Labor’s Share, Part II
Following up on my post from the other day, I’m still thinking about the recent divergence between labor productivity and the income that labor gets. In the process of thinking about this, I’ve been looking at some more data.
The table below shows labor productivity and labor compensation in several countries compared to levels in the US. In each case, productivity and compensation is measured relative to the US level, so a productivity score of 50 would mean that workers in that country produce 50% of what US workers produce in an hour, and so forth.
Source: UNCTAD, Trade and Development Report, 2002.
Next, here’s a graph showing the relationship between productivity and compensation within the US since 1985.
Both of these point to the same conclusion: typically, the income that labor receives follows the productivity of labor. There are some exceptions, of course. Internationally, the relationship between productivity and compensation is true in a rough and general way, though with some variation from country to country. And over time in the US, there have been periods in recent history when either compensation or productivity has grown faster than the other. But in general, when productivity rises, so does labor income.
The last 3 years seem to be one of those times when compensation does not track productivity, however. As the graph shows, a relatively large gap has opened up between worker productivity and compensation. This is another reflection of labor’s shrinking share of national income.
Numerous good possible explanations were offered in the comments on my earlier post on the subject. Let me address about a couple of them. First of all, international trade seems an unlikely culprit here. Imports grew most rapidly during the period 1996-2000, which corresponds exactly with the period with fastest compensation growth in the US. On the other hand, imports into the US actually shrank in 2001 and grew very slowly in 2002, when wages diverged from productivity.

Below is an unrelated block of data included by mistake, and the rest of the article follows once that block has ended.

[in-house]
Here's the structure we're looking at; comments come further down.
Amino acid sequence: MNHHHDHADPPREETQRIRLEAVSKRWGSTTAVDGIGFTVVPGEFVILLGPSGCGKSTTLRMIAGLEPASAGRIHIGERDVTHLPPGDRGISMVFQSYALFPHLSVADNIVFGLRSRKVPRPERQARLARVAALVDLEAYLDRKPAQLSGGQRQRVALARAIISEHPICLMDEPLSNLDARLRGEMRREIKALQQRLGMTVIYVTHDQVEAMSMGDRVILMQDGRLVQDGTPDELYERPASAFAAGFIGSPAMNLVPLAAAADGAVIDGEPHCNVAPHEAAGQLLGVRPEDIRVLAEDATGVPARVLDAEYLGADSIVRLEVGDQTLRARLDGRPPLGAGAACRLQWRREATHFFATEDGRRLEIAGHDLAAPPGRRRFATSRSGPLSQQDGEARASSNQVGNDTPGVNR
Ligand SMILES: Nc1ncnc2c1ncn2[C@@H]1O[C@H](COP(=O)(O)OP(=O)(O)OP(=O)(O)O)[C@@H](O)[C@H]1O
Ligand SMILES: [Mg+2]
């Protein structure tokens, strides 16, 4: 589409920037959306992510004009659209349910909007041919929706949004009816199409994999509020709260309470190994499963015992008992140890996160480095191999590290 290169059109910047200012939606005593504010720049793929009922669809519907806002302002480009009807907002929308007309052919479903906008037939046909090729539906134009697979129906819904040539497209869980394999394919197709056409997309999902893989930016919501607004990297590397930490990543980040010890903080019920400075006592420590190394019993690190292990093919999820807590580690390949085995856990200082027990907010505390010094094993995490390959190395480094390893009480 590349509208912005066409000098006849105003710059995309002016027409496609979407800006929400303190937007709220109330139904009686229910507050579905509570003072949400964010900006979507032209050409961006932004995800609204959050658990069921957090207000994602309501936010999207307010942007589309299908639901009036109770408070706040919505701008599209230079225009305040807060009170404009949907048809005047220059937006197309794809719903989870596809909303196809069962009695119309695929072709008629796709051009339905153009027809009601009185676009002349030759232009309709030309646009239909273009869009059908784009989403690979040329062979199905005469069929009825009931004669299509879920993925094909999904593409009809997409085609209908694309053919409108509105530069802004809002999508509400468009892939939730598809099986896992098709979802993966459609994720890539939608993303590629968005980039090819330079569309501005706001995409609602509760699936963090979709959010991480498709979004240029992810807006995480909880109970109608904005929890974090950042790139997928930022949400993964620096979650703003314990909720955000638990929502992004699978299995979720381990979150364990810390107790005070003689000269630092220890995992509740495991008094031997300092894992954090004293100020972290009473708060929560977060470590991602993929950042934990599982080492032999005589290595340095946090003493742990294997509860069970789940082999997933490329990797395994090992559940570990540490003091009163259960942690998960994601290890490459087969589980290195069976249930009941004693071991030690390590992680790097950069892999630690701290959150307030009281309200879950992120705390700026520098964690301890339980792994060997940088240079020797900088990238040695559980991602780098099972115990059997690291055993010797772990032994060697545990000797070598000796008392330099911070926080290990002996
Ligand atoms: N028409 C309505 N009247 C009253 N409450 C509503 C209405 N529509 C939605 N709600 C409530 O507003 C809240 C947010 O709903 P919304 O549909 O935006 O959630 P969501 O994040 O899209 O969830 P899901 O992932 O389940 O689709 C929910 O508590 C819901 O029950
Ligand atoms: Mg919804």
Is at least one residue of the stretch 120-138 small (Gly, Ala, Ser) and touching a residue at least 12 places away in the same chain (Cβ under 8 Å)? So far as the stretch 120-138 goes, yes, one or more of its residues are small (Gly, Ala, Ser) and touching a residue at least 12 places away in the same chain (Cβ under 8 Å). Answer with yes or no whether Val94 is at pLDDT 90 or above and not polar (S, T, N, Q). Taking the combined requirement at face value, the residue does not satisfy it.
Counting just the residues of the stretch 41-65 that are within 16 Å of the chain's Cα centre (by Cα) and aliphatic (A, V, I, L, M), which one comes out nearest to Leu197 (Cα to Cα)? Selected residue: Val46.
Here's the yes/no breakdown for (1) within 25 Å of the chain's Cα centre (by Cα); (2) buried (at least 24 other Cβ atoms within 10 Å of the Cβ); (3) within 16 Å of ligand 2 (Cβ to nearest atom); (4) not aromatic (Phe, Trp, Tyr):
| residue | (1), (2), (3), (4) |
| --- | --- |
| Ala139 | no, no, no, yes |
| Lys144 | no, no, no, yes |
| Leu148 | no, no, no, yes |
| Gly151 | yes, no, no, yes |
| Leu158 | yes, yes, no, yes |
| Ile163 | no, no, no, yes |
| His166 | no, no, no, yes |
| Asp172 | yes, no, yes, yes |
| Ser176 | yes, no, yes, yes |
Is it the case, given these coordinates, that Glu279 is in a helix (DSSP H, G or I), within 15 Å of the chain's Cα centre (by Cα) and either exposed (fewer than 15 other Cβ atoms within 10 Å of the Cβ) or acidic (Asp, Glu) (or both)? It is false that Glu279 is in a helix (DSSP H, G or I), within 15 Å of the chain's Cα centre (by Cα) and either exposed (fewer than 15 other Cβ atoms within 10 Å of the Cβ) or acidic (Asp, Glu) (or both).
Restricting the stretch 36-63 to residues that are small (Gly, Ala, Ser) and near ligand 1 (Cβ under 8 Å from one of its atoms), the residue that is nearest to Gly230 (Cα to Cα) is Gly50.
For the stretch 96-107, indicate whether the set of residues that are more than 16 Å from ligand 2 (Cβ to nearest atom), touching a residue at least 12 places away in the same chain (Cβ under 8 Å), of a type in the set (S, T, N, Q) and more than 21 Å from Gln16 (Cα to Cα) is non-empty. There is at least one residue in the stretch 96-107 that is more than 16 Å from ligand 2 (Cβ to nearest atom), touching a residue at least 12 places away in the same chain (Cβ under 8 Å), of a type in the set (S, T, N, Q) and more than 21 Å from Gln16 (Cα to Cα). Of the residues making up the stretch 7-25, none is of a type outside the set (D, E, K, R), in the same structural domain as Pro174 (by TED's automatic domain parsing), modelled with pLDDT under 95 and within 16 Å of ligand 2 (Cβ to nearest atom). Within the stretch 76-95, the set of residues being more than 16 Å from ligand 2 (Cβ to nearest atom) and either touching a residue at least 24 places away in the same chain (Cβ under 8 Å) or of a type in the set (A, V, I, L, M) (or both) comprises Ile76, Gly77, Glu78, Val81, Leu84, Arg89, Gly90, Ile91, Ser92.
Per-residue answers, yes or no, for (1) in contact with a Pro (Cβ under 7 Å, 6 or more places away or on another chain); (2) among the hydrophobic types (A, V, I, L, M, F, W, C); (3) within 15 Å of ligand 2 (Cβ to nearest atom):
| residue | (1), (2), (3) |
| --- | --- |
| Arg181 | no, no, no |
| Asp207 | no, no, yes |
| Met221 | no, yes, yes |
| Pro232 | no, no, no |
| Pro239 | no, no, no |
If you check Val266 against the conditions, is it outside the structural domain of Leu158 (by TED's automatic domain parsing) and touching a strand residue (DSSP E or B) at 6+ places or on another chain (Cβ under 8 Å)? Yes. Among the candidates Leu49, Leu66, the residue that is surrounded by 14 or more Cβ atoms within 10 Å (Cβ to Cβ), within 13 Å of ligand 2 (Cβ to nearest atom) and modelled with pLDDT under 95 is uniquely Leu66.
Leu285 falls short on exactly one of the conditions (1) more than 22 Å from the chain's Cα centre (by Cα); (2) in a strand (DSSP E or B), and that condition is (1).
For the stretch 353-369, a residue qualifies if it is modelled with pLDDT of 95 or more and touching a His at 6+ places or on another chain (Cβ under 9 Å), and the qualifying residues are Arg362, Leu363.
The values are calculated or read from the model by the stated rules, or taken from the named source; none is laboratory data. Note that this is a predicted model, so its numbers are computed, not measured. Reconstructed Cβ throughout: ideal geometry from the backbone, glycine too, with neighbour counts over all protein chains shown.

What about union power? I agree that, in theory, weaker unions should cause workers to receive a lower share of a firm’s rents. In this case, however, I think that there’s something else going on. Unions have been steadily losing power for the past two decades. I would therefore have expected workers to receive a steadily decreasing share of national income since the early 80s, not just something that has happened over the past 2 or 3 years.
Finally, what about this just reflecting the normal workings of the business cycle? There’s probably something to that — we do typically see a big increase in profits at this stage of the business cycle, and in part that serves as a signal to investors that it’s time to start expanding businesses and building new businesses to take advantage of new profit opportunities. However, the fact remains that labor’s share in national income has fallen more dramatically and to lower levels than anytime in the last 30 years. It’s plausible to think that such extreme movements in labor income may be due to more than just the recovery from what was otherwise an unusually mild recession.
So I come back to my hypothesis. If anti-trust oversight has diminished in recent years (the change in Microsoft’s fate at the hands of the Justice Department provides one example of what I’m talking about) then firms have increased their ability to keep out competition. Industries move closer to oligopoly. Output is restricted by the oligopoly, leading to lower output and employment than would otherwise be the case, with stronger competition. The labor market is therefore weaker. Workers lose, and the owners of corporations gain. I’m still persuaded by this story.